’90 quake forced slain lawyer to migrate

- Pia Lee-Brago -
The destruction of a hotel he had put up in Baguio City during the July 16, 1990 killer earthquake convinced slain lawyer Teodoro Gonzales to migrate with his family to Sydney, Australia.

Nearly 11 years after migrating, Gonzales, his wife Mary Josephine Loiva and their daughter Clodine were found brutally murdered in their home in North Ryde, Sydney on July 10.

Annie Rose Paraan, sister of Gonzales’ wife Loiva, recalled that the July 1990 quake was the first tragedy that hit the lives of the Gonzales family who lost their hotel business shortly thereafter.

Paraan said Sef, the 20-year-old surviving son of Teodoro and Loiva, nearly lost his life in the quake.

"My sister, however, found solace in God and made a move to leave the past behind by convincing Kuya (Teodoro) to migrate to Sydney," Paraan said in a eulogy for her elder sister as reported by the Department of Foreign Affairs (DFA).

She said emigrating to Australia helped the Gonzaleses start a new life and restored the religious faith that Teodoro had "almost lost" after his hotel was destroyed in the quake.

Loiva was the eldest in a family of six who missed growing up with her siblings because their grandmother took care of her.

Paraan described Loiva as a devoted, hardworking and loving wife and was responsible in keeping her family together.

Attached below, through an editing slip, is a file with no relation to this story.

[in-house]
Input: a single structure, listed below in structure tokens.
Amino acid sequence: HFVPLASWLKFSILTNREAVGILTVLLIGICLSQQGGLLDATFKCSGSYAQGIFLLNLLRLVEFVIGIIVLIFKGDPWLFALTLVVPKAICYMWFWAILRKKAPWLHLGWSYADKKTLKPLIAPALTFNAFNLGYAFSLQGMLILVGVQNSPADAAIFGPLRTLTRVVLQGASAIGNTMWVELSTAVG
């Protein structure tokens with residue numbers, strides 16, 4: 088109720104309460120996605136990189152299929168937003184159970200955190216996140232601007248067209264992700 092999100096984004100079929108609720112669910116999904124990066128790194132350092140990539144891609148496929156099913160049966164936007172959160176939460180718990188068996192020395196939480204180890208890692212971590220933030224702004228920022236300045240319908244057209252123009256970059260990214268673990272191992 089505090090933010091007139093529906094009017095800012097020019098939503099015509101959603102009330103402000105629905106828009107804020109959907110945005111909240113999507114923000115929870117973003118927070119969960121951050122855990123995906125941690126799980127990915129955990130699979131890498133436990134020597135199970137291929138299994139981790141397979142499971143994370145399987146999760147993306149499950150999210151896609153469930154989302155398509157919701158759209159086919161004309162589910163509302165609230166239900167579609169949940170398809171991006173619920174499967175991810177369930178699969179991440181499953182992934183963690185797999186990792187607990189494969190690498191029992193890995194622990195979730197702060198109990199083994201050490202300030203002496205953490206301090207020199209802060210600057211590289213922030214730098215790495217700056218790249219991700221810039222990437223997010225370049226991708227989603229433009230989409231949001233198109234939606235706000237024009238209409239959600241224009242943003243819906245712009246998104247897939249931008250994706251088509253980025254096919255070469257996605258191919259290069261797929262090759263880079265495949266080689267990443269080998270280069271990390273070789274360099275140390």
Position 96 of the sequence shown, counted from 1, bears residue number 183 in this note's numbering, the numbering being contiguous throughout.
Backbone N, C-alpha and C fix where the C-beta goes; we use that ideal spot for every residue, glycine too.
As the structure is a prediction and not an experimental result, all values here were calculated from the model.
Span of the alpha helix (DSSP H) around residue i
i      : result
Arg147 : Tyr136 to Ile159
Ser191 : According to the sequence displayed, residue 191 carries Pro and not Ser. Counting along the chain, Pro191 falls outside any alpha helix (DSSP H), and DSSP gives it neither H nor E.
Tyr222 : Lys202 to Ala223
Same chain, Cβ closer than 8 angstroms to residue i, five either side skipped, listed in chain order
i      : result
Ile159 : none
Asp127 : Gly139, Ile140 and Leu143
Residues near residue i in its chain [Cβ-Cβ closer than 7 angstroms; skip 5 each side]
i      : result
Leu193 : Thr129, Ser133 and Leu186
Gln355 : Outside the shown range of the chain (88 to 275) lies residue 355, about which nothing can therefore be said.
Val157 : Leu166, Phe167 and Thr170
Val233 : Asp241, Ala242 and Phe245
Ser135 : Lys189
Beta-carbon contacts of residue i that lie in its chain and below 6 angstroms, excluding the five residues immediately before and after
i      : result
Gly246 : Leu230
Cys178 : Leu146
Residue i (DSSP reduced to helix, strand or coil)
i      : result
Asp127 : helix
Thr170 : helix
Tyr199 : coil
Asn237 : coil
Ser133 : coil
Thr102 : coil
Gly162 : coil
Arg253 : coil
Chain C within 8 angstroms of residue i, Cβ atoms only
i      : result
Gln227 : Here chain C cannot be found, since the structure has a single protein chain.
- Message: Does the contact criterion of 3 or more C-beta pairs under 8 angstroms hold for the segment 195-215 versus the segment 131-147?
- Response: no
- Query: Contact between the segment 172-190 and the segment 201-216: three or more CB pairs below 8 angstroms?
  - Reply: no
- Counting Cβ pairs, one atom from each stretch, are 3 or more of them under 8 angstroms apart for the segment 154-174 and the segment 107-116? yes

In the eulogy for his father, Sef said he thought the 1990 killer quake that destroyed the whole hotel that his father had just built was the last major tragedy in their lives.

Sef, who was then 10 years old, recalled that everyone inside their hotel managed to get out when the earthquake struck but he was trapped in the stairway and his leg was caught in debris.

Gonzales ran back to the building and squeezed himself through a crack in the wall to save Sef but he had to endure chronic pain after he tore a ligament during the incident.

"That was the last major tragedy in our lives," Sef said, lamenting that he would now never know the meaning of the three letters of his name which his father had promised to tell him when he turns 21.

A necrological Mass was held at the Holy Spirit Catholic Church in North Ryde that was well attended by representatives of the family and members of the Filipino community.

The remains of the family were immediately buried afterwards at the Macquarie Cemetery, also in North Ryde.

Gonzales, who brought his family to Sydney from the Philippines in 1991, was a solicitor specializing in immigration law.

The 46-year-old lawyer was found stabbed to death in the hallway by Sef, who returned to the family’s home in the suburb of North Ryde before midnight July 10.

Loiva, 43, was found by her son in the living room of the two-story home and 18-year-old Clodine in an upstairs bedroom with their throats cut.

Sources close to the police investigation said a racial slur was daubed on a wall close to one of the bodies but detectives still have not established a motive for the killings.












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